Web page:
Perhaps that outlook can explain the warning offered by the China Meteorological Administration at a meeting in the Tibetan capital of Lhasa in early May that Tibet was warming faster than anywhere else in China. According to an account published by the Xinhua News Agency, China's state media service, the administration's chief, Zheng Guoguang, said that the railway may be in jeopardy and that the region must "tackle" the effects of climate change. Zheng warned that, where the railway crosses plateau regions, the thickness of the permafrost had been decreasing by as much as 25 centimeters each decade.
Other research points to the railway itself as a contributing factor. A 2007 paper published by the University of Colorado at Boulder's Institute of Arctic and Alpine Research indicated that the more delicate, warm permafrost areas are more affected by the climate warming because their natural balance has been upset by the construction's disturbance of the land. Whereas it would take about 20 years for the warm permafrost regions to thaw under present climate change conditions, the paper says it could take just five years for that permafrost underneath the disturbed land to reach the melting point. The study, published in Arctic, Antarctic, and Alpine Research, was written in part by Chinese scientists close to the railway project.
That research, however, is general to the region and does not examine the railway itself. Nor does it account for effectiveness of the methods that engineers used to cool the soil while they built the tracks. Methods included using pipes called thermosiphons along the sides of the tracks to refrigerate vulnerable parts of the soil along the highest parts of the plateau, an area that comprises the largest continuous sub-Arctic permafrost region on the planet. These cooling sticks are 7.6-meter-long steel tubes drilled into the soil; they contain ammonia, which draws latent heat out of the soil as it evaporates. The technique has been used along the Trans-Alaska Pipeline and in Siberia, although those projects relied on the cooling sticks to a far lesser extent than the Tibet project and were built in colder climes.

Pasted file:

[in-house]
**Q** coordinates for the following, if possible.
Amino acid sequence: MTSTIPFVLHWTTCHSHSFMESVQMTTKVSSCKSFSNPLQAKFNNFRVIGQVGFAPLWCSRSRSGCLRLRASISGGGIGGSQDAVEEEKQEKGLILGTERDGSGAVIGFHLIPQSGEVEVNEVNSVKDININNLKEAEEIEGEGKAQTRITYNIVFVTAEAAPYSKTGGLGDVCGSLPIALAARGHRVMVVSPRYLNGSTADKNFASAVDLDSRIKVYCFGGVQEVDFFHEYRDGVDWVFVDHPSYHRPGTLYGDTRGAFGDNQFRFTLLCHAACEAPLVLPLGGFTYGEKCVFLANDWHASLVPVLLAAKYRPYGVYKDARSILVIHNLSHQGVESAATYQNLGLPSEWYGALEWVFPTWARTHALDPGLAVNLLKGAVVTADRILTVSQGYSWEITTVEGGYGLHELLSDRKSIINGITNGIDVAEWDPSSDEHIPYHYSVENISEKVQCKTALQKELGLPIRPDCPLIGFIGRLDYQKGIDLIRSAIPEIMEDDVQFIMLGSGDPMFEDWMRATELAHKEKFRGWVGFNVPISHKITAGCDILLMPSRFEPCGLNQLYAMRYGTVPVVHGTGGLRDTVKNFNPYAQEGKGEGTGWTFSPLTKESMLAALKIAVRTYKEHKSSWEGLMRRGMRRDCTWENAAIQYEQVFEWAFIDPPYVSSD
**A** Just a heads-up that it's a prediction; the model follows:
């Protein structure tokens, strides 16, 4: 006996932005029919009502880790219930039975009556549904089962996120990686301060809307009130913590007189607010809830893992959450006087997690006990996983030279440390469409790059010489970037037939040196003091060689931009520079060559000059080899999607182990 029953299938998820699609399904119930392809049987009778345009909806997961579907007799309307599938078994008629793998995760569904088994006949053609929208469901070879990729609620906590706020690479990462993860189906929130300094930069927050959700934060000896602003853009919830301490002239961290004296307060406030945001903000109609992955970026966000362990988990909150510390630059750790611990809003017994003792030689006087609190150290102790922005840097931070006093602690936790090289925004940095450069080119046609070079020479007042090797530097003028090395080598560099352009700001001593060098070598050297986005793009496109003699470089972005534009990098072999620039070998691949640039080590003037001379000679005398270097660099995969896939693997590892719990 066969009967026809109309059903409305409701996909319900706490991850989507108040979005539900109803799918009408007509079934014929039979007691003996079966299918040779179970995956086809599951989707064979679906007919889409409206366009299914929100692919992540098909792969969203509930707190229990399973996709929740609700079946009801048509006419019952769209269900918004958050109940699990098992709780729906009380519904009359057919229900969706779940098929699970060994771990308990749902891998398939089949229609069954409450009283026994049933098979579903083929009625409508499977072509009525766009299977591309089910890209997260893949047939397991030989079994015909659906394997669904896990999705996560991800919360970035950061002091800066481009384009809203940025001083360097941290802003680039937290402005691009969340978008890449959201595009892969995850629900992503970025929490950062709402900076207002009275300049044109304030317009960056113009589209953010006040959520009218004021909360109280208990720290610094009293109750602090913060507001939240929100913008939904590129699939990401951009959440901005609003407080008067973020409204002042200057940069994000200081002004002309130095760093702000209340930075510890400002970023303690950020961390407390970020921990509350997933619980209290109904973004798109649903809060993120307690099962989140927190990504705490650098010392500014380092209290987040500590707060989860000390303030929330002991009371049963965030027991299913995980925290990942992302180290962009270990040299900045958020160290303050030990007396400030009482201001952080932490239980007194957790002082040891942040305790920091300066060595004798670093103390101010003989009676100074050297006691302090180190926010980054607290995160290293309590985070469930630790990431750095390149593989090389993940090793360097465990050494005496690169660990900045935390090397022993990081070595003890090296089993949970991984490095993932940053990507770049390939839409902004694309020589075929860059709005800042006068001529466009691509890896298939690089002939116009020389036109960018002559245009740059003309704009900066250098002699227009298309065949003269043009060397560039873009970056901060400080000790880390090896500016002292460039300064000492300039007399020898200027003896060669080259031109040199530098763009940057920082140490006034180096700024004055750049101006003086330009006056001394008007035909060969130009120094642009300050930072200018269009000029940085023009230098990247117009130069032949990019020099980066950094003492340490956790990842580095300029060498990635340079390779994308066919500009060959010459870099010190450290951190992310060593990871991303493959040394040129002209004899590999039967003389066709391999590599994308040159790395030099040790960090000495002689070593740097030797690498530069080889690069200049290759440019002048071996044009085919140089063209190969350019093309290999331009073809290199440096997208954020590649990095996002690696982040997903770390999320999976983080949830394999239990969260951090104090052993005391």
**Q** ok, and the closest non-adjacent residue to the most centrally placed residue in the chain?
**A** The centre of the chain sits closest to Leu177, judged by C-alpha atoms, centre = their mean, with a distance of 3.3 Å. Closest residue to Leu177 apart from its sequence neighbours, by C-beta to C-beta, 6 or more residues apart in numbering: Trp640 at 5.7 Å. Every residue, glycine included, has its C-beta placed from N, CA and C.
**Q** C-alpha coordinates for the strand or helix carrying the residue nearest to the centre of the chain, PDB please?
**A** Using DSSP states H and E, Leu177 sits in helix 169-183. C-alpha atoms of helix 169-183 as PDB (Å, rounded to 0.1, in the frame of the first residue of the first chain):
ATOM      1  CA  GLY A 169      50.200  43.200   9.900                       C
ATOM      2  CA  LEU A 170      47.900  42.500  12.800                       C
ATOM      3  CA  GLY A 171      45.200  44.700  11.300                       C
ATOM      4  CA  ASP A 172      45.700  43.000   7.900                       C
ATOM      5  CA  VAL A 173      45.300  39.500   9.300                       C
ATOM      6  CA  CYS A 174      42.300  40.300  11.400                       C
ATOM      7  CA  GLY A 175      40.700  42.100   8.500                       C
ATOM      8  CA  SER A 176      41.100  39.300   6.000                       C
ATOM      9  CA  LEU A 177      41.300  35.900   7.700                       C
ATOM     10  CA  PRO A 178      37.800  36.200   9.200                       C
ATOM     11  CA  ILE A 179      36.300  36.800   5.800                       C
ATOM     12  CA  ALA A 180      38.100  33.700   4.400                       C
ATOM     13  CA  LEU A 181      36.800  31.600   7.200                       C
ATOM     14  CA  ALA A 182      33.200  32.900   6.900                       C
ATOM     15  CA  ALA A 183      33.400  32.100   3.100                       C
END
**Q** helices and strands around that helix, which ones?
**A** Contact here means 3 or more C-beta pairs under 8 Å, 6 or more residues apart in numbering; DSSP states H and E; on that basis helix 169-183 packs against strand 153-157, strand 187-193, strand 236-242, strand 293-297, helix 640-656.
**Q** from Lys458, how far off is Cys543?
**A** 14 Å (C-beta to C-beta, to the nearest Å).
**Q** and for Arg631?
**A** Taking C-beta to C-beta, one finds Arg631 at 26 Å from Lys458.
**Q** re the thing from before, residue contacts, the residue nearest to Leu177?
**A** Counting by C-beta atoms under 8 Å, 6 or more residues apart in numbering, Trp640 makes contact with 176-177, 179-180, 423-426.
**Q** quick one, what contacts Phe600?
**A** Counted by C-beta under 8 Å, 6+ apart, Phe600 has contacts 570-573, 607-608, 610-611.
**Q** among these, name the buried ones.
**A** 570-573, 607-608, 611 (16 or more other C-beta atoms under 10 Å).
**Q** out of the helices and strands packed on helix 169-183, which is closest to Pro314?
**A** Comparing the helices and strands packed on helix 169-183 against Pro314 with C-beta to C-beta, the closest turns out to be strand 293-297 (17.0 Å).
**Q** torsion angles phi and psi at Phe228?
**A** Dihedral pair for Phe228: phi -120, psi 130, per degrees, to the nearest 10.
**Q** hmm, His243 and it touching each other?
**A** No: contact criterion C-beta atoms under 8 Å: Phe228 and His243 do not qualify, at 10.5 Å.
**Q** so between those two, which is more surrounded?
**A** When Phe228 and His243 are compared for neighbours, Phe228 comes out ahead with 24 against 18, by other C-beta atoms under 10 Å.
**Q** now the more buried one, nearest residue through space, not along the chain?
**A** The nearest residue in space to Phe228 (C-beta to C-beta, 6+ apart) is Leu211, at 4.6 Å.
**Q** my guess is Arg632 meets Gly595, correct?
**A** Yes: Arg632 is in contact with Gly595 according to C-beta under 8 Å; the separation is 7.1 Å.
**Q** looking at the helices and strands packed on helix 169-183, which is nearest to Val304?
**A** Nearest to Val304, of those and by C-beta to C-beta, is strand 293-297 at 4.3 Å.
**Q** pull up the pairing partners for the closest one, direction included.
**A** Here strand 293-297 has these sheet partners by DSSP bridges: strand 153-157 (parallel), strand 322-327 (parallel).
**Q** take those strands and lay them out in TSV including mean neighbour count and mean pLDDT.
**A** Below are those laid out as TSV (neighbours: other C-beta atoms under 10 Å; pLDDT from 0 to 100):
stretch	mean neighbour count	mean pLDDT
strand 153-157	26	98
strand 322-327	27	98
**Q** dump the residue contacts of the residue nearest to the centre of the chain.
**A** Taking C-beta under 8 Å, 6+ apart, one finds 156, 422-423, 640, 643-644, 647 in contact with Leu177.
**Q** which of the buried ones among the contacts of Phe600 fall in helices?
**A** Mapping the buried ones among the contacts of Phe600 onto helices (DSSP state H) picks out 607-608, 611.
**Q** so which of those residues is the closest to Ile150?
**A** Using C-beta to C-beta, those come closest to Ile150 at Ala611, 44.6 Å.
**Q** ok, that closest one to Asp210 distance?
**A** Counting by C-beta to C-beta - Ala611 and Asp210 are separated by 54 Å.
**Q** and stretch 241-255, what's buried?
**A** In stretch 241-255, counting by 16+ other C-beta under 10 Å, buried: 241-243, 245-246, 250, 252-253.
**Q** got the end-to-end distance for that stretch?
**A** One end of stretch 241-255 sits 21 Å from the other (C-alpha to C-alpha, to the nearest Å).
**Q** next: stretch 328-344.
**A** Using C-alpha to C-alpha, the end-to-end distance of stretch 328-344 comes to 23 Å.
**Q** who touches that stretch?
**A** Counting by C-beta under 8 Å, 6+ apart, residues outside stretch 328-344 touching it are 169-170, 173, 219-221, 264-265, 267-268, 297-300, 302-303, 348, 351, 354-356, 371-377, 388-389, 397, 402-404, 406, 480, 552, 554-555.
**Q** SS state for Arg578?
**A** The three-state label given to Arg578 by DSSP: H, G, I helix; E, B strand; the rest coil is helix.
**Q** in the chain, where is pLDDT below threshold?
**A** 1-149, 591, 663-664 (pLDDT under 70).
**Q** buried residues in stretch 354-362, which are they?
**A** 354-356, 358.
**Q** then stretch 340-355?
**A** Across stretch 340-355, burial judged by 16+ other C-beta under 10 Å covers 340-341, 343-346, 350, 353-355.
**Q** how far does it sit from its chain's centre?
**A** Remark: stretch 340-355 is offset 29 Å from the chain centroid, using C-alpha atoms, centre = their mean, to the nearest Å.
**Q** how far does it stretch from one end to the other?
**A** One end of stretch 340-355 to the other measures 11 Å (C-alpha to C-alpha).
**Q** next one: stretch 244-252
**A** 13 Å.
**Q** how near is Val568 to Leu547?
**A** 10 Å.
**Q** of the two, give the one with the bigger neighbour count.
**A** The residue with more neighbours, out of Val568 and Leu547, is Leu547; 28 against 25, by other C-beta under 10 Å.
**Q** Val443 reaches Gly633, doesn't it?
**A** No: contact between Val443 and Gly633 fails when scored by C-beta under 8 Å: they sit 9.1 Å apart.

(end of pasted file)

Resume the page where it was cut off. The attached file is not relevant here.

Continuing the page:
The railway, which connects Lhasa to the China's national railway network, the largest in the world, traverses the Tibetan Plateau 5,182 meters above sea level and crosses about 550 kilometers of some of the most delicate and treacherous frozen soil regions on Earth. Half of the permafrost beneath the rails is within –1 degree C, meaning that it could melt with just a degree of climate change.
Some question whether the engineers who planned the railway made the proper calculations to account for long-term climate change. The project's chief engineers counted on cooling sticks and other tricks to help the rails withstand soil warming of 0.2 degree C and air warming of 2 degrees C on the plateau over the next 50 years. The figures—decided on in early 2003—were the least conservative, and thus the least expensive, to accommodate.